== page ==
Let God be the one who calls the shots in your life. Karen Ehman knows firsthand how people-pleasing locks us in a prison, trapping us in unhealthy habits which distract us from our true selves and our God-given purpose. Explore why we fall into people-pleasing behaviors, which is nothing more than putting people in the place of God. Because the truth is, we cannot fulfill our divine purpose if we’re too busy living everyone else’s.
People pleasing brings such detriment to our lives. We make ourselves miserable. We lie. We create more work for ourselves—both physical and emotional work. We lose grasp of our joy. We offer a standing invitation to regret. This is all so profoundly discouraging. But do you know what is the absolute worst of all? When we behave this way, we are putting people in the place of God.
Many of us people-please due to our personality makeup. However, sometimes the “disease to please” rears its annoying head because we get to a place where we allow others to fill a role in our lives they were never meant to occupy. We need to stop placing people in the place of God, and seek to obey him instead of humans.
When we are trying to defuse conflict before it starts, we sometimes panic. We say things we really don’t mean, all in an effort to keep things at an even keel. What if instead, we prayerfully, thoughtfully, and carefully chose our words, being totally truthful but in a way that shows our sincerity and does not lead to conflict.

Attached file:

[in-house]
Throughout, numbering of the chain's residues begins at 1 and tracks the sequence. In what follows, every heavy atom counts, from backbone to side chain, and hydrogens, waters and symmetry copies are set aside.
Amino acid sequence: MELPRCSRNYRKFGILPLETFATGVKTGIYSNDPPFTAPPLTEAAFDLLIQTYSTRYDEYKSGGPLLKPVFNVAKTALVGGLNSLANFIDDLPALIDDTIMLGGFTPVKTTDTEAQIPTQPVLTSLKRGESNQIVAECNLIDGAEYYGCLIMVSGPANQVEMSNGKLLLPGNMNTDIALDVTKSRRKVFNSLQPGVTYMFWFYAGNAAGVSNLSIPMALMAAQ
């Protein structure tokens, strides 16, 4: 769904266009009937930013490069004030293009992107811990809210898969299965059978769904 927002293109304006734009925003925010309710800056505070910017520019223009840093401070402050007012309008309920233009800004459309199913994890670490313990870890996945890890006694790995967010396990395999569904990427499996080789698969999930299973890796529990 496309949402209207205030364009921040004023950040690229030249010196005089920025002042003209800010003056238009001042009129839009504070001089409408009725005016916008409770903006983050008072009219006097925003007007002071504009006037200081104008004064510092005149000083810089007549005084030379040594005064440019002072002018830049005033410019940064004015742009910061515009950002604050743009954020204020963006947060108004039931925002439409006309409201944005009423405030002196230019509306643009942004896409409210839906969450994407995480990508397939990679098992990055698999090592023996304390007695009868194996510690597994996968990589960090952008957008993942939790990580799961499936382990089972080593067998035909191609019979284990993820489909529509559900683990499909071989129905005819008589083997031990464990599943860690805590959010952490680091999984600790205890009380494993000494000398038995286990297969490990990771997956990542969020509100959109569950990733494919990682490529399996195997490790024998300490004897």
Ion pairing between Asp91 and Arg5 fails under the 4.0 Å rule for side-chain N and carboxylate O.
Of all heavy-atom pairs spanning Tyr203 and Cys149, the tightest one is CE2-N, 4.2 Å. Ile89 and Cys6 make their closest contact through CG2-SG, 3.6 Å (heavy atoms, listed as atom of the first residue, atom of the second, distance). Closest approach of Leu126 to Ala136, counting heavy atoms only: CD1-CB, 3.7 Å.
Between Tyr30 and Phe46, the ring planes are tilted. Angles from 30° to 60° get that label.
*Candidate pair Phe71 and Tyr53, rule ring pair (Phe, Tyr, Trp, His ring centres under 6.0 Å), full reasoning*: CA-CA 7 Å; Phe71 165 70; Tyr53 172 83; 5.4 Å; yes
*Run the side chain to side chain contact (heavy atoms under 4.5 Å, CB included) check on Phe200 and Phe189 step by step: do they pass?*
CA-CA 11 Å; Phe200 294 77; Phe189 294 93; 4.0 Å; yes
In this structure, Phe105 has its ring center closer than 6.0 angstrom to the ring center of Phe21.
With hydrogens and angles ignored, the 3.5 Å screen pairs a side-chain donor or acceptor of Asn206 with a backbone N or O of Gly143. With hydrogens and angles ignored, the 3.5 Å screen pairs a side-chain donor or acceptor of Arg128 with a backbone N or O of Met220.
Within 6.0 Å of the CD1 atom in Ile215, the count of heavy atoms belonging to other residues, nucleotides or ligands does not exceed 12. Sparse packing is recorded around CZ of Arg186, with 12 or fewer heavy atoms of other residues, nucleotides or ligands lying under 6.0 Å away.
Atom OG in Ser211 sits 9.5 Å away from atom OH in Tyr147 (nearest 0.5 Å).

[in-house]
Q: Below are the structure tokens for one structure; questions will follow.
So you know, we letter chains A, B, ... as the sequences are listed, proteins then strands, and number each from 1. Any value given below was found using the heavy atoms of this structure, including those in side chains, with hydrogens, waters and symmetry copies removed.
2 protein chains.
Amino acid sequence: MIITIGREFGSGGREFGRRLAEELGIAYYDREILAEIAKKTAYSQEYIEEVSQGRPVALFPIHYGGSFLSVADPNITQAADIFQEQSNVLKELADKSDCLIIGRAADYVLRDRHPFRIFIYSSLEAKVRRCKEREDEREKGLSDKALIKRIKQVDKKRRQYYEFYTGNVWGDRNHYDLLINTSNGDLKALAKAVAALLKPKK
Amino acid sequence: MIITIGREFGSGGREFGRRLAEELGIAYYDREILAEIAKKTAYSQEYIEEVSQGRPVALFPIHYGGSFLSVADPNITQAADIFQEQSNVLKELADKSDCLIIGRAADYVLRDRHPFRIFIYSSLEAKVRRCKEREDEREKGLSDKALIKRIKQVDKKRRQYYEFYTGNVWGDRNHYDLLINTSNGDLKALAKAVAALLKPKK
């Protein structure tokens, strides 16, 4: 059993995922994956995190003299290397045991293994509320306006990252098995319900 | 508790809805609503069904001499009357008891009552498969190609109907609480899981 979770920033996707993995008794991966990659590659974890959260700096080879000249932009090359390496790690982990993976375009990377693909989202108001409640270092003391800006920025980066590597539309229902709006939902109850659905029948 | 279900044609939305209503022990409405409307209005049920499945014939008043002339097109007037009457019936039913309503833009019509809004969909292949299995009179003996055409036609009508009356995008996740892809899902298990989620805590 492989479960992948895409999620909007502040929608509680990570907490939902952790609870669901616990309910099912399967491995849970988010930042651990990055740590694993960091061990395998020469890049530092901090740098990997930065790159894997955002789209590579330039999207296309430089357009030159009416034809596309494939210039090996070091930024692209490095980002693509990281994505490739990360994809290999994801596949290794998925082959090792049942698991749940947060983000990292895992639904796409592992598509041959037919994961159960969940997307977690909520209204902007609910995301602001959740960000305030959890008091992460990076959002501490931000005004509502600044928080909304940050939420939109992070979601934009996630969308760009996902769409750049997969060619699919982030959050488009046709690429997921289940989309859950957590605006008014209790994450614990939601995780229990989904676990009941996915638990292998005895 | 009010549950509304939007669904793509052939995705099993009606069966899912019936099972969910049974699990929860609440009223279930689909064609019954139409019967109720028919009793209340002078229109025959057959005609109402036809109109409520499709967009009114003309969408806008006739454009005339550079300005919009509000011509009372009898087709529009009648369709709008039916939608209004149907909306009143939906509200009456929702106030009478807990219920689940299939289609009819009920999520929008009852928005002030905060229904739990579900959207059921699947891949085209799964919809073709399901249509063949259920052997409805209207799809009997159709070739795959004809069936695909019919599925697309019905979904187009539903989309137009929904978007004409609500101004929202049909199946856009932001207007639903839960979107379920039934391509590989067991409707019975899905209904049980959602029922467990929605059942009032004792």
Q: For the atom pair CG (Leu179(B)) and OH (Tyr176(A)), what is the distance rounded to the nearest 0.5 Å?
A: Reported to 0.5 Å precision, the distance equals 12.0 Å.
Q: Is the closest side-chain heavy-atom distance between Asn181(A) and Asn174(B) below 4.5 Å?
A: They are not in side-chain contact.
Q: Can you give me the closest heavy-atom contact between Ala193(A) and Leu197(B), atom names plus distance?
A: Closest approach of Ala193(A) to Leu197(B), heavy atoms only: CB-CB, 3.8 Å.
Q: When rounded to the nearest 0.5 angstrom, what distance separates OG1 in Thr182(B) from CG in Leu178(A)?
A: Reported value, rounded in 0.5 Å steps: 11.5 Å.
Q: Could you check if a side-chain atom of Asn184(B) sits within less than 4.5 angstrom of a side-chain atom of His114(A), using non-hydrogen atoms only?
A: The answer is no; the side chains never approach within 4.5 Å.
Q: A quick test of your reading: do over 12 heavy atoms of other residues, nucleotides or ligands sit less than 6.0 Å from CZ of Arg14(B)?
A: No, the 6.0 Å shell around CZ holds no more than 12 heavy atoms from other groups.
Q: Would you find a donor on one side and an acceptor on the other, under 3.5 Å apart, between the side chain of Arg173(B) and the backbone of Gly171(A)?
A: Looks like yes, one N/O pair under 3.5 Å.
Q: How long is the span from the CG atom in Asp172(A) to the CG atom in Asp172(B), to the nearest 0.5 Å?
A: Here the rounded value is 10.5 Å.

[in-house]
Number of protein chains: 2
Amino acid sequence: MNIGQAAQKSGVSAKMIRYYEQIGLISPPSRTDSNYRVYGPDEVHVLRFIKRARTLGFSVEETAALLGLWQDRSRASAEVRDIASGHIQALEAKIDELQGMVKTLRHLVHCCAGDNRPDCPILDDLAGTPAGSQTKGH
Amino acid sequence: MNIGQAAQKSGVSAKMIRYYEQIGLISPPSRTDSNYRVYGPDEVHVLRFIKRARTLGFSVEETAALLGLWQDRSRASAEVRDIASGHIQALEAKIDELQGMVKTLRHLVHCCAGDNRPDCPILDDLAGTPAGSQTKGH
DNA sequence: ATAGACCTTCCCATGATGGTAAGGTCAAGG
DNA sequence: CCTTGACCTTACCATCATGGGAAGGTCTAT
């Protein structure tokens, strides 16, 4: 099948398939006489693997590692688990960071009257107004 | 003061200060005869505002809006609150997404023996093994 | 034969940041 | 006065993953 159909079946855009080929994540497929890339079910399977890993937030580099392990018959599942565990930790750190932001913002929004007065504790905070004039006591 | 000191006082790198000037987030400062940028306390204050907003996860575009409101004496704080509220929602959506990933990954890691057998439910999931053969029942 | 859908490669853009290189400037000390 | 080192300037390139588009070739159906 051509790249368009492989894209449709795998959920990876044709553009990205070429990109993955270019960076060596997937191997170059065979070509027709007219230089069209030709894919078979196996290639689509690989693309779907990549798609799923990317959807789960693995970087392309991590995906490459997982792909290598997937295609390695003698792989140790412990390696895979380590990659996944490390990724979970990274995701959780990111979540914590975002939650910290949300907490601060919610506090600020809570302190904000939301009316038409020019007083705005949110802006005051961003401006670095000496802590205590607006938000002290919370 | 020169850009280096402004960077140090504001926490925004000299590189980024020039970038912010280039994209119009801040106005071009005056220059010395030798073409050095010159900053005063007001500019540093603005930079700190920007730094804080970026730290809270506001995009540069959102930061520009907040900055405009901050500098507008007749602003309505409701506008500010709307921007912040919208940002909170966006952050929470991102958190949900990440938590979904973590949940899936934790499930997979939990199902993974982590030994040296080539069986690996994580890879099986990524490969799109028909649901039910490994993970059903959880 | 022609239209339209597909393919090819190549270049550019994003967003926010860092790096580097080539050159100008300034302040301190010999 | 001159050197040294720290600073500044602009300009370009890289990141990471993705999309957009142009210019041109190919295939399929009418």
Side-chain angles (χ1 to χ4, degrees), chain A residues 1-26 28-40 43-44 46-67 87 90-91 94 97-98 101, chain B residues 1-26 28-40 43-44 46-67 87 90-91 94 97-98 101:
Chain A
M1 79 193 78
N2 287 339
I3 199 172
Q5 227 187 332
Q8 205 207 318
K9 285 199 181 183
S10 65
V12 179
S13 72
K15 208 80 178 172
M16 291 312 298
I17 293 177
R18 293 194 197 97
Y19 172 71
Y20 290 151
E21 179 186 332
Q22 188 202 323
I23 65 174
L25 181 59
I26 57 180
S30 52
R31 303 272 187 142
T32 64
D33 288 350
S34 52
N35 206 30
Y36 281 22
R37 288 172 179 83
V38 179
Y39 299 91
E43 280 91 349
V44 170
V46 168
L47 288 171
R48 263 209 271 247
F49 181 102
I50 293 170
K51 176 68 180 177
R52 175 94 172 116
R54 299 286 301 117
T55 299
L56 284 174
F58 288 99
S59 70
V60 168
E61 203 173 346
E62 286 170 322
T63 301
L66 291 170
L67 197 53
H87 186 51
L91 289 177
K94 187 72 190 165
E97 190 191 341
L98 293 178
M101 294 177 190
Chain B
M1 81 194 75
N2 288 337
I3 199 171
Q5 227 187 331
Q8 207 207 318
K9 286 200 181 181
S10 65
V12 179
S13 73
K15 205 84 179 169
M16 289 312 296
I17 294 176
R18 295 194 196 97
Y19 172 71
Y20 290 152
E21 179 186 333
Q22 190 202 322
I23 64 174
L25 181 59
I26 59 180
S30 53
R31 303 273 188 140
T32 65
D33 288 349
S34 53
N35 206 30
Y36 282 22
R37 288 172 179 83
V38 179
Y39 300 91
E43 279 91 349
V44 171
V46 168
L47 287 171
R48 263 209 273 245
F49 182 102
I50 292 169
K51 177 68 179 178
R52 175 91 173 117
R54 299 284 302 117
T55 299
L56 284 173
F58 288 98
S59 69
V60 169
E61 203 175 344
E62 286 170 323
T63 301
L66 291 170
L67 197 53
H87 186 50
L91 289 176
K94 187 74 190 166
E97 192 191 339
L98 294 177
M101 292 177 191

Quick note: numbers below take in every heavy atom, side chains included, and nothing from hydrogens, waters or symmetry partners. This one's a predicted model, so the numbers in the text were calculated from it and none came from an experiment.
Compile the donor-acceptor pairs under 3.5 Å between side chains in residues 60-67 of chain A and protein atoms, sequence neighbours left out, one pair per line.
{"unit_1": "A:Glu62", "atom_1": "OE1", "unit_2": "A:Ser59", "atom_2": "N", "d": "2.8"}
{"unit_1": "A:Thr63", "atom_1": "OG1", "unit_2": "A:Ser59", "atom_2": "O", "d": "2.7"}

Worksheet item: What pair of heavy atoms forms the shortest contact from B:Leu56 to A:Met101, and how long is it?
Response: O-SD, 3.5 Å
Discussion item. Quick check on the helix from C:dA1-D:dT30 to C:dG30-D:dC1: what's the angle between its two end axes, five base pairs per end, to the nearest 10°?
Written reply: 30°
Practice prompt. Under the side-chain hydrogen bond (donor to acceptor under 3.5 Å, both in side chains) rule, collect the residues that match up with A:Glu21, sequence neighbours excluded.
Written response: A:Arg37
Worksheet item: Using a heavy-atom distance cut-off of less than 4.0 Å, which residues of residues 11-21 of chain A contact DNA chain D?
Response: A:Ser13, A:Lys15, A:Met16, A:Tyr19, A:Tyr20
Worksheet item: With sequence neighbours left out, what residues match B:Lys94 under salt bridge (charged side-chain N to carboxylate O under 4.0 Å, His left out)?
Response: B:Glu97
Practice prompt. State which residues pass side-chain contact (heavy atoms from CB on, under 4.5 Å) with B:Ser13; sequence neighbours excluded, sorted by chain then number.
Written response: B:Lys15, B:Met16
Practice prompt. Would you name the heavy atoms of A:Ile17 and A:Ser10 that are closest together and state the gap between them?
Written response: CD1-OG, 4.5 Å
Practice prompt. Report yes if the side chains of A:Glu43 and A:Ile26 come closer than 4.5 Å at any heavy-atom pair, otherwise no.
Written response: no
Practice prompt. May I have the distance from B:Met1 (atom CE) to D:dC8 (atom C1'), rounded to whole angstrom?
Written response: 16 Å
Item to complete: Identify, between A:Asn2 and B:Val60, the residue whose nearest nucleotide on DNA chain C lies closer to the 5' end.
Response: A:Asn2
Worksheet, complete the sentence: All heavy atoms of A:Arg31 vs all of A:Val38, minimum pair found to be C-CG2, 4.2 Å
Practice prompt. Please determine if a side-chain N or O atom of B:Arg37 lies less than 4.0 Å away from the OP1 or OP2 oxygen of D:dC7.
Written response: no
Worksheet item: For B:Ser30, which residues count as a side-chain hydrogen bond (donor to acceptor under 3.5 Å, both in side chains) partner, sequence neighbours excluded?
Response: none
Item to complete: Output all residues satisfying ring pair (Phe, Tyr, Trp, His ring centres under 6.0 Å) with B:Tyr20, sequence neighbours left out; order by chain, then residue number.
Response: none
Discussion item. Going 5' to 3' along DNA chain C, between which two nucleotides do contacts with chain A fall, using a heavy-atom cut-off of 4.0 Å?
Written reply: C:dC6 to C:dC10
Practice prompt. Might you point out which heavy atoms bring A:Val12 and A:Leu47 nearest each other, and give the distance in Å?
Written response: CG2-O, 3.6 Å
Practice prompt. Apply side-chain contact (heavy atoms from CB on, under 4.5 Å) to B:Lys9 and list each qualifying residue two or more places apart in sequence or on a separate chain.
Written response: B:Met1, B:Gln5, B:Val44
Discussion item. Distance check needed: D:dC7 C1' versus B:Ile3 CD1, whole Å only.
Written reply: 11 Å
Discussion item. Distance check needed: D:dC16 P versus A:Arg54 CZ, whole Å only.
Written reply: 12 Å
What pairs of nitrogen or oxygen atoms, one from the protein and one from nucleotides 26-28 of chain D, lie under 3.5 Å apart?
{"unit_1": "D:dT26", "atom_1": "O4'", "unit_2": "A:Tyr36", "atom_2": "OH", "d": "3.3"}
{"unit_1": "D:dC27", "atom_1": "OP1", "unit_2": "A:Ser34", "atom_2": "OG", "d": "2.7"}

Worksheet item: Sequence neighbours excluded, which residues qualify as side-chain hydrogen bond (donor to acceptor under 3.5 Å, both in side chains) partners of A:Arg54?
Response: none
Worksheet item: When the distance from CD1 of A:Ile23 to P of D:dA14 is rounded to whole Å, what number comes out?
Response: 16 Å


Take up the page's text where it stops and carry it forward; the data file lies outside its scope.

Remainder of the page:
People assume you are tethered to your phone. They expect you to instantly respond to any messages they might send you, whether by text or otherwise. People can attempt to place tasks on our plates before getting any approval from us. Remind yourself that every need is not necessarily your call. You can say yes to a friendship without needing to always say yes to their requests.
When we repeatedly give in to the wishes of others—without ever sharing our true feelings or standing up for ourselves—we teach them how to treat us, paving the way for their future bad behavior. Often we go along to get along, being overly nice simply to avoid mental stress. However, being extremely nice may cause us greater mental stress in the future than being firm in the present moment.
When we allow other people to determine the schedule we keep, we fail to honor God with the time that we have. Our pride makes us prioritize certain things to maintain our reputation of being capable, competent, or compassionate. If we aren’t careful, our behavior can border on idolatry. We are worshiping an image—our own!